Secondly, we must get moving on the problem of depressed areas, whether they are in eastern Massachusetts or eastern Kentucky. I have visited with the unemployed coal miners of West Virginia - living off surplus foods, worrying about where the rent will come from. I have seen the unemployed carpet workers in the Mohawk Valley of New York - trying desperately to learn a new trade and attract new industry. I have seen the farm-equipment plants shut down in southern Illinois, the lead and zinc mines closed in Idaho, and the deserted textile towns of Massachusetts. And I know, as the Bible tells us Job knew, that these troubles do not spring from the ground. Something caused them - and something can be done about them.

This Government is spending billions of dollars a year - in defense contracts, in housing, on highways, in education and other programs. And consideration must be given in the administration of those funds to help, not hurt, our most needy communities. Twice the Congress has passed a bill to help our distressed areas - twice that bill has been vetoed - but next year I promise you it will be signed.

Third, we must get moving on a constructive new program to strengthen the national economy by strengthening our farm economy. The one bright spot in the whole farm picture is tobacco - because the Democratic Congress put through a really worthwhile tobacco program, and protected it against Republican vetoes and Benson sabotage. That program has two essential features - full parity of income for the producers, and effective controls to bring supply into balance with demand. And I believe it is high time we made those two features the basis of our farm program for all commodities.

For that kind of program is in the best interests of the producers, the consumers, and the taxpayers. By helping the farmers, it helps the workers. By helping your State, it helps mine. Depression on the farm means depression in the small town and then depression in the city. It is time we replaced this downward spiral heading for a farm depression with an upward spiral of farm prosperity.

Finally, we must get moving on policies designed to strengthen our economy and society in every segment - helping the young in need of education, the aged in need of medical care, the small businessman in need of credit. Children whose education suffers from overcrowded classrooms or underpaid teachers can never gain back what they have lost - and it is the Nation's loss as well as theirs. Wage earners who must help their aged parents bear the high cost of drugs and medical bills - because they would never require their parents to take a Republican pauper's oath - have less money to build a future for themselves and their families. And the same high rates of interest that tie up the small businessman - or force him into bankruptcy - also slow down the farmer and discourage the homebuilder.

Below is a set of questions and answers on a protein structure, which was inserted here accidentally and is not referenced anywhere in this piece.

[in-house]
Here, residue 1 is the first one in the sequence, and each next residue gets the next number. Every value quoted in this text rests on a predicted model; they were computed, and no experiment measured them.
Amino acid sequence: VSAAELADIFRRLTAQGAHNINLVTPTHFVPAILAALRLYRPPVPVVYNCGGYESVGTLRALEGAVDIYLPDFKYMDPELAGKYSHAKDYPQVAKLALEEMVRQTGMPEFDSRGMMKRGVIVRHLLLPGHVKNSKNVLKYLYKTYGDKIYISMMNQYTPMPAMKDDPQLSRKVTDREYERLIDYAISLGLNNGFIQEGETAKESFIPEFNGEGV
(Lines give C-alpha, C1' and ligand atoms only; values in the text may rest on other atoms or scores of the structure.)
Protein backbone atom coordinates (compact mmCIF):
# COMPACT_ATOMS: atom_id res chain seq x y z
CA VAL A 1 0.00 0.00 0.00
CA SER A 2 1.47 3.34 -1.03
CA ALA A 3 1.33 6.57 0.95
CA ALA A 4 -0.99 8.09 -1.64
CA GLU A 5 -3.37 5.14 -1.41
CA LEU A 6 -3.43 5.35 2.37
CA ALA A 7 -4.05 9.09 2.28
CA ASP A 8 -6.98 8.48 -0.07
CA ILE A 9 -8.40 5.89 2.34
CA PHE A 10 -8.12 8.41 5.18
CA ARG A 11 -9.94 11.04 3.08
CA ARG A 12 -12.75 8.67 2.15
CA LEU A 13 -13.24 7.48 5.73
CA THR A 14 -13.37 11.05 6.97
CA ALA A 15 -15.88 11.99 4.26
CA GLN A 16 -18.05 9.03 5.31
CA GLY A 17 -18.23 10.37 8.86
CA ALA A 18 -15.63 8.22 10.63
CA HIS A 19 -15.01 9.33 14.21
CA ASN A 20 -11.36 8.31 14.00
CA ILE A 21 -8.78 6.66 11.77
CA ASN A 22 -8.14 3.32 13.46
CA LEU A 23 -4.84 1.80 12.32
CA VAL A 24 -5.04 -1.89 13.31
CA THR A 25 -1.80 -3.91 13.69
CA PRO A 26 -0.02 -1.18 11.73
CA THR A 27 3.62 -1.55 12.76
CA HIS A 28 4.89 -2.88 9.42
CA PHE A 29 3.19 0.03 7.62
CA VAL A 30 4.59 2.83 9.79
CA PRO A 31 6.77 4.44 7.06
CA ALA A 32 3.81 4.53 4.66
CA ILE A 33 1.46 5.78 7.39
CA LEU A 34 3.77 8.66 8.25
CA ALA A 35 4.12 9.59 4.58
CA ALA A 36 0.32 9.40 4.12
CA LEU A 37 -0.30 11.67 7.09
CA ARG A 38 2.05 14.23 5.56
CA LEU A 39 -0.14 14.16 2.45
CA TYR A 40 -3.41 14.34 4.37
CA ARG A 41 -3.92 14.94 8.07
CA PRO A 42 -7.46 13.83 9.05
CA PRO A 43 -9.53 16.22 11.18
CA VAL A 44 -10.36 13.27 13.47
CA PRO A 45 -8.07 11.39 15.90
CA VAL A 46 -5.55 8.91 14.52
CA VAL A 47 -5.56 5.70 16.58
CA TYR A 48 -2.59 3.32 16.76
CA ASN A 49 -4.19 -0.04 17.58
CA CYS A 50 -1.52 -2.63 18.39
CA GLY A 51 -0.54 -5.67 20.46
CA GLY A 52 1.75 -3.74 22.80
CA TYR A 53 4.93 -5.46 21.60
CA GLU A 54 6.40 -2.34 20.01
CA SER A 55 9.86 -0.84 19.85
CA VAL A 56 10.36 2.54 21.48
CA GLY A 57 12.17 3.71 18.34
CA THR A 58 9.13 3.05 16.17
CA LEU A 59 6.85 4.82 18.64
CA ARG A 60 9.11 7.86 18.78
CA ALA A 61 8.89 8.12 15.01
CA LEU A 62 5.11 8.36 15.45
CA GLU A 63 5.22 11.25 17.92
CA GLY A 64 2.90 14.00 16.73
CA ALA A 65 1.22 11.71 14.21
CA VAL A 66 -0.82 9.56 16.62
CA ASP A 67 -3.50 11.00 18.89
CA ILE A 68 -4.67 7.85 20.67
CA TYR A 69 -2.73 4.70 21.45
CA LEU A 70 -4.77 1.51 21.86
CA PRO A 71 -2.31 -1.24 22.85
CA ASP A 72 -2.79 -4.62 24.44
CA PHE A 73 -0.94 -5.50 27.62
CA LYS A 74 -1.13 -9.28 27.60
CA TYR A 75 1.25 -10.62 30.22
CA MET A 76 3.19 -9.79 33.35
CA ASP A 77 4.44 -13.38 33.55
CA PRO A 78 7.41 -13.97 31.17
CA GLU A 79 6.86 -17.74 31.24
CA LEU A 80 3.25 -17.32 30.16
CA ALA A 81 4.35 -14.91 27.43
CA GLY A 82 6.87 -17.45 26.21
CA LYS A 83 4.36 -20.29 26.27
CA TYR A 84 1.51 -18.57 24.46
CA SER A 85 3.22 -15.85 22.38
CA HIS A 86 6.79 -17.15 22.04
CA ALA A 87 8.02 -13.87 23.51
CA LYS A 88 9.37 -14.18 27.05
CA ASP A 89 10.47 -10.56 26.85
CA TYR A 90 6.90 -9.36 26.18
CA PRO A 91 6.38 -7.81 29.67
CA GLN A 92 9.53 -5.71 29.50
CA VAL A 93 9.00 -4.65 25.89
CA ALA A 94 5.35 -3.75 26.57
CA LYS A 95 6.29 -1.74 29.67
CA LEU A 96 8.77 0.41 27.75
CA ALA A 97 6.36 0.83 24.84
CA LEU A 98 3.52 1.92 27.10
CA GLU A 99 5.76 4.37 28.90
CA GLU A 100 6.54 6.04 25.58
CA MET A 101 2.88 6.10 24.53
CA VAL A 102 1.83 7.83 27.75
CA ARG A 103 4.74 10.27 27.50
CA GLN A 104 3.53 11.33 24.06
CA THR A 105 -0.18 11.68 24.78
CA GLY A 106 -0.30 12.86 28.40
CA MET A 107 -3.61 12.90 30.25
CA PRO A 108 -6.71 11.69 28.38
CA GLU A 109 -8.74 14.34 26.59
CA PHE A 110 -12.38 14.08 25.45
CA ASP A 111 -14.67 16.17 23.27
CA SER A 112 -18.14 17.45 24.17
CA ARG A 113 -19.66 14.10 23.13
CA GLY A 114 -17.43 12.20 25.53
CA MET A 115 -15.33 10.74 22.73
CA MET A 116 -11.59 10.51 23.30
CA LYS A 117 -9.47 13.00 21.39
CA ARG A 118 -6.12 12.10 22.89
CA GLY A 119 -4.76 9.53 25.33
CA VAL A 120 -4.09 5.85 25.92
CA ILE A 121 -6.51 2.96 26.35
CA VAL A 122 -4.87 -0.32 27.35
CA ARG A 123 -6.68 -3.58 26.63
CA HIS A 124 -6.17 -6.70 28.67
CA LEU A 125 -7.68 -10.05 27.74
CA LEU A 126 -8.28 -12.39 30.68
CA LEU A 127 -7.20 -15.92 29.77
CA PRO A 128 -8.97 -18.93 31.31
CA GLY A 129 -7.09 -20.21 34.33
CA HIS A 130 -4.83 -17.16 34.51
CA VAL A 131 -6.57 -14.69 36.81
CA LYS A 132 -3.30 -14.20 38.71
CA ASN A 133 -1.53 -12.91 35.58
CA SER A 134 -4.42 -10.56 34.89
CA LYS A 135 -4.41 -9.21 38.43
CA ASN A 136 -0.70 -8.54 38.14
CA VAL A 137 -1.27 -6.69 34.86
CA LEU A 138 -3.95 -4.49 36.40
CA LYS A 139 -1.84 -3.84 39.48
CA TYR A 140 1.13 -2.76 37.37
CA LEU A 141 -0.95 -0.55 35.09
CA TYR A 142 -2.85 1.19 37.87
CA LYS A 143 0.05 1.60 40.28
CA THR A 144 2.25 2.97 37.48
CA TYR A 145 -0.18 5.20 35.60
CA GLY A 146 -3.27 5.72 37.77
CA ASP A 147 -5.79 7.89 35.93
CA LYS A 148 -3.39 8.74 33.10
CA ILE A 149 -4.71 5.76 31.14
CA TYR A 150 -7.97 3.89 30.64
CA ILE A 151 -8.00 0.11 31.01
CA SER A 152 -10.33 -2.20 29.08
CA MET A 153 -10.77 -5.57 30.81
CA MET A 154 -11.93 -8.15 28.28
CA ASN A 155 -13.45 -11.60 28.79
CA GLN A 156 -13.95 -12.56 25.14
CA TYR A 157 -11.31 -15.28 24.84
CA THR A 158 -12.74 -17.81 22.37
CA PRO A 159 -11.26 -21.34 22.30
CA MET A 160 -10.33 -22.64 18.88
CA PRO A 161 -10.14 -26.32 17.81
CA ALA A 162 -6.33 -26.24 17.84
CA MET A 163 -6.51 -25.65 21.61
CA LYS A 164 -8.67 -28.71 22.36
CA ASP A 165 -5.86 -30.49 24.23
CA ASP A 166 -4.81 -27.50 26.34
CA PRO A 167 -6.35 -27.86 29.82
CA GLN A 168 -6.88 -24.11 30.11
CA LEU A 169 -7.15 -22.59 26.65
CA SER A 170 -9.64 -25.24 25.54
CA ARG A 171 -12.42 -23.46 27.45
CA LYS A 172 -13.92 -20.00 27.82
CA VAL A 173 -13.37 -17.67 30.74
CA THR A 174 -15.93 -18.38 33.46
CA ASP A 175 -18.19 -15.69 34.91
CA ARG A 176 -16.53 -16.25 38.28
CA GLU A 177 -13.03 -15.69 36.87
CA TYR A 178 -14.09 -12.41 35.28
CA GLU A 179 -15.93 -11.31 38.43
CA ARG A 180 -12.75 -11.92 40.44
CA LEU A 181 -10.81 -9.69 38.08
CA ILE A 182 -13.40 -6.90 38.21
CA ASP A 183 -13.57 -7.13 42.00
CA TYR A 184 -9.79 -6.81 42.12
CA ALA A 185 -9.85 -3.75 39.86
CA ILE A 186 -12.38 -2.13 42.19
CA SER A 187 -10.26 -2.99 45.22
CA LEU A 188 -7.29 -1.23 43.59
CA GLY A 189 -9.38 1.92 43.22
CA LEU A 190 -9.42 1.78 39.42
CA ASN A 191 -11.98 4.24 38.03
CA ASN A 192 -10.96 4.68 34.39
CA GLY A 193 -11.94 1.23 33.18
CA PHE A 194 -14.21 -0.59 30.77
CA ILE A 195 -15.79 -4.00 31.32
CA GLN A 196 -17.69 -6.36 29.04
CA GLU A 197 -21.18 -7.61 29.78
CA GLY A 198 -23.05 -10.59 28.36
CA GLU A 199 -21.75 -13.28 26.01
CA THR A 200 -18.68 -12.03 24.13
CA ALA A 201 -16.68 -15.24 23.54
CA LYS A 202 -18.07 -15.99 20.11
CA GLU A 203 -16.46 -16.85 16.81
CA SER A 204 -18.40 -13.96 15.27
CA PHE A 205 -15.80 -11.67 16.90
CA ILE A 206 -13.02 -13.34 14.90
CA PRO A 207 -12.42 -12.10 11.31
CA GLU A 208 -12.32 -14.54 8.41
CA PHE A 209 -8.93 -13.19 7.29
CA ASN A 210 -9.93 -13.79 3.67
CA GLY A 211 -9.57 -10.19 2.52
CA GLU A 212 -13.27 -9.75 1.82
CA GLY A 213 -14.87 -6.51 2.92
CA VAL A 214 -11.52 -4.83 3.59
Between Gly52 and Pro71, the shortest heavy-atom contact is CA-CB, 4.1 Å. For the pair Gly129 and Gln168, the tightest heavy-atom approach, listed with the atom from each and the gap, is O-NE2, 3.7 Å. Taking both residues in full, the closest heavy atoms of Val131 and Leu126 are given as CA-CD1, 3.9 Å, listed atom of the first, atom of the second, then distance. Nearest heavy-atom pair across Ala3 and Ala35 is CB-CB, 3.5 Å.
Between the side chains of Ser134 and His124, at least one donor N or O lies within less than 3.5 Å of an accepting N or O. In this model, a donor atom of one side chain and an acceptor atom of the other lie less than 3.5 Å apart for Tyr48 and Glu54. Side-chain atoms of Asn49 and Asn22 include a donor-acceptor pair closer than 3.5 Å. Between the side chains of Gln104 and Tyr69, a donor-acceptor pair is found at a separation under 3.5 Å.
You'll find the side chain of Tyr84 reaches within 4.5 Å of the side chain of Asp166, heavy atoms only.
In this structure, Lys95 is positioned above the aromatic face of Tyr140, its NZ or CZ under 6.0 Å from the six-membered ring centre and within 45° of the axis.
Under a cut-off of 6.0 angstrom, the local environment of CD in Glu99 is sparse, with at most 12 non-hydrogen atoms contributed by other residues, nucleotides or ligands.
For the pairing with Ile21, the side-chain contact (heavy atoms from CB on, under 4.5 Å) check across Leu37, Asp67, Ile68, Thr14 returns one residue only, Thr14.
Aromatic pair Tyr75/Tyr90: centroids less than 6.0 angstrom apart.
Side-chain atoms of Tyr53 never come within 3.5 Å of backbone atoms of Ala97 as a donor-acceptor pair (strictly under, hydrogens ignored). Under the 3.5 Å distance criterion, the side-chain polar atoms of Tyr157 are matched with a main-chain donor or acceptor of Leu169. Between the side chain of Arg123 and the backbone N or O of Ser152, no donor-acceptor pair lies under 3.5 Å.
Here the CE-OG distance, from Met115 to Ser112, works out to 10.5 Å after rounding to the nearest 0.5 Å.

In short, the restrictive, negative policies of the Republican Party put a drag on our whole economy. By hurting one party they hurt us all. By holding back one area they hold back all. And this is no time for holding back the energies and efforts of the American people.

For these are not only domestic problems. These are problems of national strength. And only a strong America can stand up to Mr. Khrushchev, no matter how many debates we have in the kitchen. Only a strong America can attract the new nations of the world, no matter how many good will tours we take.

Why is it that so many of these countries turn their backs on us, and open their arms to Russia? It is not because they are Communists. Nkrumah of Ghana is no Communist. Sukarno of Indonesia is no Communist. But they are men on the move. They want the full fruits of independence. They want better homes for their people, and more jobs, and paved roads, and schools, and doctors, and cities, and food. They have turned to Washington, and found no response, because for 8 years Washington has not been on the move; and so they turn to Moscow, for the Russians have been moving.

These countries and these leaders speak a variety of languages. But once this country begins to move again, we will be speaking the language they understand; and they will turn their backs on those who would make a mockery of their new freedom, and rally to those who started the fight for independence.

None of this will be easy. The frontiers which Henry Clay conquered were not easy. But history was on his side - and I believe that history is on our side - on the side of free men. And I believe that once we are on the move, the sun will shine bright, not only on old Kentucky homes, but on new homes, across Kentucky, across America, and across the world.

John F. Kennedy, Excerpts from the Speech of Senator John F. Kennedy, Fair Grounds, Louisville, KY Online by Gerhard Peters and John T. Woolley, The American Presidency Project